The Holy Father has begun his journey from Sant’Anselmo to Santa Sabina for the Ash Wednesday Roman Station Mass.
The Mass to be heard on Vatican Radio and CTV.
I know the liturgical eye-candy folks at NLM will probably be diligent in posting images, so I won’t do too much of that.
Maybe a few.
It is nice to see Archbishop Burke on hand.
The wonderfully preserved Roman Basilica Santa Sabina.
There are Cardinals vested as deacons.
The Holy Father and sacred ministers are vested in the wonderful "Philip cut" of the Roman vestment, which was in use after the Council of Trent. This style shows the organic development of vestments from the fuller version, to the more cut-down Roman vestment in use today.
[CORRECTION/UPDATE: Since I wrote this, some people jumped on my in e-mail. I posted another entry about the Holy Father’s vestment.]
Note the pontifical dalmatic.
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A view of an interpretation of the "Benedictine arrangement" of the altar.
Note that the corpus is turned to the celebrant. Also, note the 7th candle.
The Holy Father with the principle clergy of Rome, his cardinals.
In Italy is the custom to sprinkle ashes on the top of the head rather than to trace a Cross on the forehead.
A better look at a dalmatic. Note the tassels from the shoulders.
With Card. Arinze.
UPDATE 2145 GMT:
I thought other blogs would pick up more images from this Mass, so I stopped posting them here.
But I do have a few more.
Here are a couple for starters.
Here is the controversial editor of L’Osservatore Romano, Gian Maria Vian next to a cleric who may be known to some of you.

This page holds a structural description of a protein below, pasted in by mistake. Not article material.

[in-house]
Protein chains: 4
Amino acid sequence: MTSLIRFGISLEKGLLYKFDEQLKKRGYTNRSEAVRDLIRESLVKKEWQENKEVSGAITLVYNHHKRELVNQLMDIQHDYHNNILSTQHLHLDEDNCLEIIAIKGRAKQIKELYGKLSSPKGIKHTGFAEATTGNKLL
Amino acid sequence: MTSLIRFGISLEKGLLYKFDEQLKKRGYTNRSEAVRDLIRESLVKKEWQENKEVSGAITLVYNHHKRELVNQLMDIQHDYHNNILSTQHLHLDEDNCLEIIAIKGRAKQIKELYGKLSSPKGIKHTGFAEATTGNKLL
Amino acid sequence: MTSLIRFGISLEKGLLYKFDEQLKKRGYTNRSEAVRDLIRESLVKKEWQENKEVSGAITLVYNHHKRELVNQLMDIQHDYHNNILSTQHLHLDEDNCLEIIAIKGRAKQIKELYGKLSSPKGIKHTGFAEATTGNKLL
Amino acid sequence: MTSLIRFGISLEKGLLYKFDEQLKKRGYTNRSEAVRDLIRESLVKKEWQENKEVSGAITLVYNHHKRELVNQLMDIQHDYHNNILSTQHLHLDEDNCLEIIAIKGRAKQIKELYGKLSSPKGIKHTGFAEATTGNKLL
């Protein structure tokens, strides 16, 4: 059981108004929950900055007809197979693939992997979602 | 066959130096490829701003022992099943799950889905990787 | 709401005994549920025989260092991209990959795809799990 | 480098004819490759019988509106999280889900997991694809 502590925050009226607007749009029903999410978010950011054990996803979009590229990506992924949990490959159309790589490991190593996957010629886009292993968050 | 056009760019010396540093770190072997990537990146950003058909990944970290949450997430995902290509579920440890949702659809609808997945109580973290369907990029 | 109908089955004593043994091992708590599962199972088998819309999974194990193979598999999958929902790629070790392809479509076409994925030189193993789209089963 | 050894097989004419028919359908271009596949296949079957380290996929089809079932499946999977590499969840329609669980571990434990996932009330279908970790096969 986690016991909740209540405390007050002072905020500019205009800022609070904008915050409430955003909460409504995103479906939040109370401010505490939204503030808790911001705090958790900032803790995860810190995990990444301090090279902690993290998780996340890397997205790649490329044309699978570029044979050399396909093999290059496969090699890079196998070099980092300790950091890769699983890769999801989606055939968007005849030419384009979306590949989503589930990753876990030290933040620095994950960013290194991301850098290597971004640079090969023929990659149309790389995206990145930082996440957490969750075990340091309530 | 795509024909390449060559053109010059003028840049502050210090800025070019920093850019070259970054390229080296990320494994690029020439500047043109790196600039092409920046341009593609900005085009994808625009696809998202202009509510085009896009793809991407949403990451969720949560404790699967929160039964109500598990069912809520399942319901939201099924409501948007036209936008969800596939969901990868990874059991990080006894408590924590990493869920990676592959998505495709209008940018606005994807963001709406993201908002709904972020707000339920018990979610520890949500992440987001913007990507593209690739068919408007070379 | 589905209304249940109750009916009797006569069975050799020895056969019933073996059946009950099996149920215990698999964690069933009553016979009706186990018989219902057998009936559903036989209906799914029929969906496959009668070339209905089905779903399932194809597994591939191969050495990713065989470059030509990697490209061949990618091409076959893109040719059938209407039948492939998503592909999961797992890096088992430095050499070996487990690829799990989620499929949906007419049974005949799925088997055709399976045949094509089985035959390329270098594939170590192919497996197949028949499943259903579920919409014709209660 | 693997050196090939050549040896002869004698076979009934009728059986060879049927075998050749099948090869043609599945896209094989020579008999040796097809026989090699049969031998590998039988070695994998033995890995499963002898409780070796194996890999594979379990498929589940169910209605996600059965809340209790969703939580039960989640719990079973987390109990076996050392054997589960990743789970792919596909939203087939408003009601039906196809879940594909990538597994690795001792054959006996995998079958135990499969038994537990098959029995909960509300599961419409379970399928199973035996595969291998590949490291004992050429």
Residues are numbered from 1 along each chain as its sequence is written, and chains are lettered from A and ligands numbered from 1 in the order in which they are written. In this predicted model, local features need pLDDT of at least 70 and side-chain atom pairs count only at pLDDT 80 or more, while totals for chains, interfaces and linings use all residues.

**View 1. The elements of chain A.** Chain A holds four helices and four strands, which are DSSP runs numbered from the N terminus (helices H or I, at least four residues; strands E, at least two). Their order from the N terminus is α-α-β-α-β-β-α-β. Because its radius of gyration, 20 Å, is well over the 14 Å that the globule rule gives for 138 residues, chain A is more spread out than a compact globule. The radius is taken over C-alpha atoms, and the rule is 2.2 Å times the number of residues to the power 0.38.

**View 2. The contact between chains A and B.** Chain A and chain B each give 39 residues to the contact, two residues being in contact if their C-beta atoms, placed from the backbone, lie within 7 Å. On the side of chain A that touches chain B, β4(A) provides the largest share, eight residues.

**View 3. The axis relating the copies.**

The Roman manner of giving the sign of peace.
If anyone around the Philadelphia area was wondering where Card. Rigali was today…
UPDATE 0247 GMT:
Okay… a few more.
A glimpse at one of the most beautiful of the ancient Roman basilicas, the stational church for this Mass. Mussolini stripped out all the baroque stuff and restored it to is pristine form.
My friend Cardinal Arinze, Cardinal Bishop of the Suburbicarian Diocese of Velletri-Segni.
I just caught a glimpse of the former papal MC, H.E., Most Rev. Piero Marini. Not a clear view, but you can see Msgr. Guido Marini at work on the left.
I notice there are no concelebrants at this Mass. Clergy in attendance are all in choir. I even see that the Dominican vimp is in a surplice! Very nice!
It took me a minutes to realize that was a pontifical Dalmatic…. Keep looking at the picture (despite the caption explaining it), wondering why he had a purple item under the Chasuble
Definately looks like a brick by brick afair, complete with the “Cardinal” Deacons.
Does anyone know why the ashes are imposed on the top of the head as opposed to marked on the forehead as in England and North America? Is it a Roman custom?
I thought I read somewhere that clerics should have it on the Top of their head,,, particularly if they are tonsured…maybe I am wrong
patrick: Yes… clerics would receive the ashes where the tonsure was cut.
Is there a problem with people accesing the website from Europe not seeing the images? Cause it happens a lot to me.
This is the second important, recent, public Mass where the Holy Father has offered Mass without concelebrants; he also did this at Epiphany.